MHG15342 - 7 Wilson Lane, Thurso
Now demolished, this house was part of the complex of buildings between Shore Street and Wilson's Lane associated with the kipper industry.
Type and Period (2)
- HOUSE (Built, 19th Century - 1825 AD to 1875 AD (between))
- FISH PROCESSING FACTORY? (19th Century - 1825 AD to 1875 AD)
Early 19th century. 2-storey house with full height loft, 3 bays in ground floor. Harled. Centre entrance flanked by
small windows. Tall centre 1st floor loft door. Single end stack; local slate roof. <1>
This building has now been demolished, having been declared unsafe.
The north elevation was recorded as part of a building survey which focusedv on the kippering kiln.. The north evevation of this building is also the south elevation of the kiln, and part of the west gable end, possibly to support the kiln.
The NW corner of the building stands to a height of 4.5m. The quoins are of yellow sandstone, in contrast to the rest of the buildings. Some rebuilding of the uppermost 1m is visible, keying in the wall of the adjacent kiln.
The west gable end contains a small cast iron fire surround within a stone fireplace on the ground floor, demonstrating the domestic nature of the lower storey. The north elevation contains three door openings at ground floor level; these three have wooden lintels and are infilled with breeze blocks. The three openings are irregularly placed: the west doorway is almost flush with the gable wall, while the central doorway is taller than the others. This suggests that not all of the openings are part of the original pre-1896 build. They coincide approximately with the three kilns and would have given access from the ground floor of the house to the floor of the kilns. It is possible that an original central door and window were adapted and a third doorway added at the time of building the kiln. There is evidence of rebuilding in the stonework on the west side of, and above, the east doorway.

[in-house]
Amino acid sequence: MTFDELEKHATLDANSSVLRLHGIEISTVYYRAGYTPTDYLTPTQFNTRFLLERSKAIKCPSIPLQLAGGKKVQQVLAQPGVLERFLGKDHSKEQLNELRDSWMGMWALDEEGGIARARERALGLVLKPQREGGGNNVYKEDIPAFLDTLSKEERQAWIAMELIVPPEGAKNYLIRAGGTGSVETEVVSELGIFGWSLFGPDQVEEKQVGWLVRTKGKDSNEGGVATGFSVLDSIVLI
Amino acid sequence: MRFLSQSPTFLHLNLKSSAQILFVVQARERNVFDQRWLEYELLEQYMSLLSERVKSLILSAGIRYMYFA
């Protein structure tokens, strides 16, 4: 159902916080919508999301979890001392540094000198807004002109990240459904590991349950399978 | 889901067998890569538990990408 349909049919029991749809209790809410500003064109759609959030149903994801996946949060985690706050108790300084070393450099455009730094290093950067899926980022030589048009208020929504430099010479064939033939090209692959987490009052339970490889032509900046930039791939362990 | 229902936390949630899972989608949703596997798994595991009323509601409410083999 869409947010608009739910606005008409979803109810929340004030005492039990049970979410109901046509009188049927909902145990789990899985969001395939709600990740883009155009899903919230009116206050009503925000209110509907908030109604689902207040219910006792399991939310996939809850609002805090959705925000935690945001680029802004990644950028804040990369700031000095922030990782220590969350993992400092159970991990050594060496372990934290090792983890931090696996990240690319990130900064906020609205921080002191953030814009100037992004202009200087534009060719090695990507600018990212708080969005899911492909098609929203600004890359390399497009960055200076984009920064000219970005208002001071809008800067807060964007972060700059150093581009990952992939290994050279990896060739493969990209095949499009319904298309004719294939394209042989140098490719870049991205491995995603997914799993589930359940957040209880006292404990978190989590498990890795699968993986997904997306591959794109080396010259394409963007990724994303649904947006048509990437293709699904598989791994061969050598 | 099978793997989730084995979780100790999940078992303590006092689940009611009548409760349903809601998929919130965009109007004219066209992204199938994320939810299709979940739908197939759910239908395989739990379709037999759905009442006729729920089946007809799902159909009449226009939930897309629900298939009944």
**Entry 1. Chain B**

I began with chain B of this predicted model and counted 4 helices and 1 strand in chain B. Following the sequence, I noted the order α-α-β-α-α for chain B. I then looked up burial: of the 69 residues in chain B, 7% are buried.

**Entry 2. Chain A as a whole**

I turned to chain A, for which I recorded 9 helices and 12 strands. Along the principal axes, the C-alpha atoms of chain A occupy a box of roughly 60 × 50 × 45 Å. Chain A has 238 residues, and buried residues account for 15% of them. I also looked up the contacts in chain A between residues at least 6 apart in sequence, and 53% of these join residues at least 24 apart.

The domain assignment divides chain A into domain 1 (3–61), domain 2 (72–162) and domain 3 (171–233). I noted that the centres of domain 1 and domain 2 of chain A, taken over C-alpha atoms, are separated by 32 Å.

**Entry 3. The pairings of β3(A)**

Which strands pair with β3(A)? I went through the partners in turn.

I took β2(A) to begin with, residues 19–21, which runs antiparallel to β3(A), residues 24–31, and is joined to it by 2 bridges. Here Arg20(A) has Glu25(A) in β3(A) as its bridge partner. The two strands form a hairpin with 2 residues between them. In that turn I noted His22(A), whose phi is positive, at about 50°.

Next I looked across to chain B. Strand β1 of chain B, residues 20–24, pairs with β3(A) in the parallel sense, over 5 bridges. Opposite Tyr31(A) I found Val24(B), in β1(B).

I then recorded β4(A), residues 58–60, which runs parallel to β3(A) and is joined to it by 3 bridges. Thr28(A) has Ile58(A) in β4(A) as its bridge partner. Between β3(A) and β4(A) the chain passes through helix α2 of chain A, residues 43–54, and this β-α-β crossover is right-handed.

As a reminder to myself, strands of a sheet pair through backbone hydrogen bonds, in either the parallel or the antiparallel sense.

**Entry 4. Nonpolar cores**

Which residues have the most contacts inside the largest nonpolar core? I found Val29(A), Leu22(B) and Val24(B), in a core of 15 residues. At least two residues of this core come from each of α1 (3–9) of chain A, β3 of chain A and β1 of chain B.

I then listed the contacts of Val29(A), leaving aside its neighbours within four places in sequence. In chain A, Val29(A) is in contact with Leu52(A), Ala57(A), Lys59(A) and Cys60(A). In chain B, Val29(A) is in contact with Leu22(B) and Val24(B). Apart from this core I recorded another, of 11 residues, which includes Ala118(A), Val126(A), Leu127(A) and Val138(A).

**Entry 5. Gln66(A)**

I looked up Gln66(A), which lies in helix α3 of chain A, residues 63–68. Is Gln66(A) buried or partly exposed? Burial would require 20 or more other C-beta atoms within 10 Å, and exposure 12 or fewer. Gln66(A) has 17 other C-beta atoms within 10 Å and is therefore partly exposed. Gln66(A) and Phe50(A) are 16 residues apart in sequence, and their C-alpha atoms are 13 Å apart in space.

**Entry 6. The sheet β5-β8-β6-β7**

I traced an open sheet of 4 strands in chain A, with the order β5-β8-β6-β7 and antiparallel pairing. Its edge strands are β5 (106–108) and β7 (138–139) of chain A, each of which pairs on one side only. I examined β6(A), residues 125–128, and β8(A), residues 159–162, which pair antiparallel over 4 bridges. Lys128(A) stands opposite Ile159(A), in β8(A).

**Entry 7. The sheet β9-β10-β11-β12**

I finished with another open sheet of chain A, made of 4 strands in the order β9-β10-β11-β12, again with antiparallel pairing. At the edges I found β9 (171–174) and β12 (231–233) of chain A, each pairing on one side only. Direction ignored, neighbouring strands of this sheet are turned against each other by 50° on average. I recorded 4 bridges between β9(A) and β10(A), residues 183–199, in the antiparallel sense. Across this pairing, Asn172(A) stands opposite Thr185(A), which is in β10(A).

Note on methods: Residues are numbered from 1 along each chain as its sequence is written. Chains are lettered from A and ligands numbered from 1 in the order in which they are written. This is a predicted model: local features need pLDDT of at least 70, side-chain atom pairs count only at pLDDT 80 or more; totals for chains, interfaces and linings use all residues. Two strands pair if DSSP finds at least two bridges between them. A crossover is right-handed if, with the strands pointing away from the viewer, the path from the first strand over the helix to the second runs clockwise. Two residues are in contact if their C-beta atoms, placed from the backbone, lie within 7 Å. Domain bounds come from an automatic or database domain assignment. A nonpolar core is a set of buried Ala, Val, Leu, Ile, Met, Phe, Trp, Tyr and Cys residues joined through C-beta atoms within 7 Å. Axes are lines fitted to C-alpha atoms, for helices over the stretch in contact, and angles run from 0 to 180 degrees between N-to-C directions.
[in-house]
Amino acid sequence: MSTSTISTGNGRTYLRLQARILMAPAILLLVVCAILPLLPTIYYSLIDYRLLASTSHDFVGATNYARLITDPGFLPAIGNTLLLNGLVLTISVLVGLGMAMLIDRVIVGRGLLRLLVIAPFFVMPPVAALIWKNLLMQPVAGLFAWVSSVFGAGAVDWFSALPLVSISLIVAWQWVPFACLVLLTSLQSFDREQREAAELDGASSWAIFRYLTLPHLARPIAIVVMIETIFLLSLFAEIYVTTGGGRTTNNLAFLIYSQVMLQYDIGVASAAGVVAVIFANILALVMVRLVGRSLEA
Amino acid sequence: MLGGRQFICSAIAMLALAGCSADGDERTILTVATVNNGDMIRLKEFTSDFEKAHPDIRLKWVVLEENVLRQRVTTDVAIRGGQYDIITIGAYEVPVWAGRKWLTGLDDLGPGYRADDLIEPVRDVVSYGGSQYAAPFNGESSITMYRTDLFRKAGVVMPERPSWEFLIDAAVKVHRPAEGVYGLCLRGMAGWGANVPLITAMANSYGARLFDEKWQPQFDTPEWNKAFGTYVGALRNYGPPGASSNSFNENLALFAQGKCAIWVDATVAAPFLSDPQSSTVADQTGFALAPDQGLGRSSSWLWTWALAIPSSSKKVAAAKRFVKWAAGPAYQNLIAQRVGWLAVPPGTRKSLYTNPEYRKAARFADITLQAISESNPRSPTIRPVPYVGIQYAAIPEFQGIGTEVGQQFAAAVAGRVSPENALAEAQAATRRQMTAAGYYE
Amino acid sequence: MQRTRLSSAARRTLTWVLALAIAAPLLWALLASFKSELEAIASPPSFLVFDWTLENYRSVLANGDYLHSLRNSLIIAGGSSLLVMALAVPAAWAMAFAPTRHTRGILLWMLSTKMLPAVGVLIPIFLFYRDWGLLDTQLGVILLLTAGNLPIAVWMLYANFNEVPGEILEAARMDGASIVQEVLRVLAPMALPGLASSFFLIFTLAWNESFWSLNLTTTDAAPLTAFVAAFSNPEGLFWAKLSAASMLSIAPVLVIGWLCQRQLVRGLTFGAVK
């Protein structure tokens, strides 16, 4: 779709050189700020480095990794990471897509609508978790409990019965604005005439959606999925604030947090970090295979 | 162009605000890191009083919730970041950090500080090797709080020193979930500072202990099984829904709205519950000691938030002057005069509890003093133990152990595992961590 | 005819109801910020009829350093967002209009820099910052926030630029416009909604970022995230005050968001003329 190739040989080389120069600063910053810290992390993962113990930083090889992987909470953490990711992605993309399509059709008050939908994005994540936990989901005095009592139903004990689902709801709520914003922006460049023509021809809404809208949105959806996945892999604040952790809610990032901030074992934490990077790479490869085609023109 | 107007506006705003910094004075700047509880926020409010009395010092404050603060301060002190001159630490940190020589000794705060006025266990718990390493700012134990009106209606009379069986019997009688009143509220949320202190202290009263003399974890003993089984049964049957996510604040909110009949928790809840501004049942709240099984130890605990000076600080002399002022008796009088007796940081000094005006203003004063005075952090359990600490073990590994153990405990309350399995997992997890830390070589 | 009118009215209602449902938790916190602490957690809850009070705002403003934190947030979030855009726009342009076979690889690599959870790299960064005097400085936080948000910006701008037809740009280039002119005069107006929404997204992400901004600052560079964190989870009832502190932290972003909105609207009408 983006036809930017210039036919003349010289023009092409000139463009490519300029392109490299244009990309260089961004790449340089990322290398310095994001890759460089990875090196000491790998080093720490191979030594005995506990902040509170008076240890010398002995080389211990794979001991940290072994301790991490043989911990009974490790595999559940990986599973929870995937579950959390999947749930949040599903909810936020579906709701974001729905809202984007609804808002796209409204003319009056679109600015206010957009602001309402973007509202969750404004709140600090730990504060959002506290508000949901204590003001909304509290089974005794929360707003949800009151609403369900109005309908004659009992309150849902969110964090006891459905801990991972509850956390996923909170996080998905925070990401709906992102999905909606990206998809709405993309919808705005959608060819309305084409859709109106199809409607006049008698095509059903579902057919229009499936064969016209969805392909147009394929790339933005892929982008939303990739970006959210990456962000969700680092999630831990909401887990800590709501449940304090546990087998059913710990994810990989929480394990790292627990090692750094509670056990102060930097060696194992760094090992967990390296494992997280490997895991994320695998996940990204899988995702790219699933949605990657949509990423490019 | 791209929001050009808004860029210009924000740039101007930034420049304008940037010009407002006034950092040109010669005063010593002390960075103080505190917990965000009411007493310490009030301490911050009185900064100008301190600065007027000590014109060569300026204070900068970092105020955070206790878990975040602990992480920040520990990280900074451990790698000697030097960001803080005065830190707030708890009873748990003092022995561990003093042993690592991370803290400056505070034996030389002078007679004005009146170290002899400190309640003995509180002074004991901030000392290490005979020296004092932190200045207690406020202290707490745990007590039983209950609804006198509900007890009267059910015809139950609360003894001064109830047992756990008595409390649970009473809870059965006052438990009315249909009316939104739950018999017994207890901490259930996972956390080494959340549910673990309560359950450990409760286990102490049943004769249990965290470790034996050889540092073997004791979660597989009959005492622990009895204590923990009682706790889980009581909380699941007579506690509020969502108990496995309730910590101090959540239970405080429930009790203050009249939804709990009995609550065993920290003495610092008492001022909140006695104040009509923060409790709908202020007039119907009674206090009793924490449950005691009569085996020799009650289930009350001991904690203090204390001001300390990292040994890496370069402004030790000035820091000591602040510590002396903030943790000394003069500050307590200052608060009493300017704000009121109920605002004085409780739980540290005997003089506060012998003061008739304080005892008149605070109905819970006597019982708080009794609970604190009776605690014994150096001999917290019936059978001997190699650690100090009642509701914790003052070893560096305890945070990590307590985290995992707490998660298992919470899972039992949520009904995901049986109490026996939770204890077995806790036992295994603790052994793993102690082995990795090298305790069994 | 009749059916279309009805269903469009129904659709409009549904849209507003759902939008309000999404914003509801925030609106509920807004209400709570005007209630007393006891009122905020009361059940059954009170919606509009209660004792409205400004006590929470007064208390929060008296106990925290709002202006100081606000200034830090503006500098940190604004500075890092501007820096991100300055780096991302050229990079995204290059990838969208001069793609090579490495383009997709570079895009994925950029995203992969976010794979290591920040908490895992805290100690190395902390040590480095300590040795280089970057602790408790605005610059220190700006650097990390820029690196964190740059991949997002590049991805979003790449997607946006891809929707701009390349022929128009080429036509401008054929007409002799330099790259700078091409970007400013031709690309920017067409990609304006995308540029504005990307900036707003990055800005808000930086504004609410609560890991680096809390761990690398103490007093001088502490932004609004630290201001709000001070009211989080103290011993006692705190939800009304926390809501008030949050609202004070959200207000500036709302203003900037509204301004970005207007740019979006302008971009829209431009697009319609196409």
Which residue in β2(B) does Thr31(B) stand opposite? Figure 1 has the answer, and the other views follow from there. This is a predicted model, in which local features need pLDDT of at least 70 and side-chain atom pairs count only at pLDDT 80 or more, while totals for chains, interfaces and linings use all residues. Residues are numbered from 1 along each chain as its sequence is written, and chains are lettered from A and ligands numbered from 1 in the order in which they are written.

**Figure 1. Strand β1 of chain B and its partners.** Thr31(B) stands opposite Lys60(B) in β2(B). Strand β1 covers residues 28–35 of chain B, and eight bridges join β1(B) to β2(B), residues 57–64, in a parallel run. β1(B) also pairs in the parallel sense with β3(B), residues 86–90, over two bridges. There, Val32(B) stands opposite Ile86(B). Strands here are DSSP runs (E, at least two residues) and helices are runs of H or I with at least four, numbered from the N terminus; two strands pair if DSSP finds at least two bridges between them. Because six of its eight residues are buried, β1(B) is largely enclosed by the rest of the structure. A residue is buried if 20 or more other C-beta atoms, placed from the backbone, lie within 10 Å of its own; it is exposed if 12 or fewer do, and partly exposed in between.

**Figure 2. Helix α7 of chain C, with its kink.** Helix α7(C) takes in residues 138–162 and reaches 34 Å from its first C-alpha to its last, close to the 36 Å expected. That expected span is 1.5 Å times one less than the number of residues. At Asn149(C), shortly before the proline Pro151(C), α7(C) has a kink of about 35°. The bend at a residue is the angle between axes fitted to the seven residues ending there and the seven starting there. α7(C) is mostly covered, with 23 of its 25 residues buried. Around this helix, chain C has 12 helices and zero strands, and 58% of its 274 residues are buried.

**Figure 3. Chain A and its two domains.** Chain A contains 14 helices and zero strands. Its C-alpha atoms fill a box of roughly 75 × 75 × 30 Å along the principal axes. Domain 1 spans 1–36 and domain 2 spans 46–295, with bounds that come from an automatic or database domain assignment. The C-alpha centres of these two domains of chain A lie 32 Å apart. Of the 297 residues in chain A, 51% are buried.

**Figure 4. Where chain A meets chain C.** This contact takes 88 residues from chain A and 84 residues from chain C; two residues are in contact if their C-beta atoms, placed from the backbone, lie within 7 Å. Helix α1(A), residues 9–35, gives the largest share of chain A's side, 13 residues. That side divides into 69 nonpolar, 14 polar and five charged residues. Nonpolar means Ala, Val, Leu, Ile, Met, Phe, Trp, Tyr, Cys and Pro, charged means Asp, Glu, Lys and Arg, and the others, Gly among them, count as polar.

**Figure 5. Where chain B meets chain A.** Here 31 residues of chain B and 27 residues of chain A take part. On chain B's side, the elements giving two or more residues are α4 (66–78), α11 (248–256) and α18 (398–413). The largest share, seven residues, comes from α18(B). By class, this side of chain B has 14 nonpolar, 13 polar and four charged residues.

The opening in the upper storey of the north elevation is probably a former window rather than a doorway giving access to the kiln: its sill is about 600mm above the floor height. It is infilled with rubble. This suggests that it was a window in the original house which was blocked up at the time of building the kiln. Above the window height, the timber frame, weather boarding and lead flashing of the roof joining onto the kiln roof survive.
Eight sockets for floor joists are visible 2.2m above ground level; another three sockets on the east side appear to have been filled in, probably relatively recently, in an attempt to stabilise the wall.
Photographs of this building, taken in the 1980s, show that the south elevation contained a central loft door but no windows on the upper storey. This indicates that the building was partly used for storage before the construction of the kiln and associated buildings. This storage is likely to have been associated with fish processing.
Seemingly, this is the only building of the kippering kiln complex shown on the 1874 first edition Ordnance Survey map. <2>
|Grid reference||Centred ND 1193 6863 (8m by 7m)|
Related Monuments/Buildings (1)
Related Investigations/Events (1)
External Links (1)
- http://portal.historicenvironment.scot/designation/LB42045 (Online designation description (Historic Environment Scotland))
Comments and Feedback
Do you have any more information about this record? Please feel free to comment with information and photographs, or ask any questions, using the "Disqus" tool below. Comments are moderated, and we aim to respond/publish as soon as possible.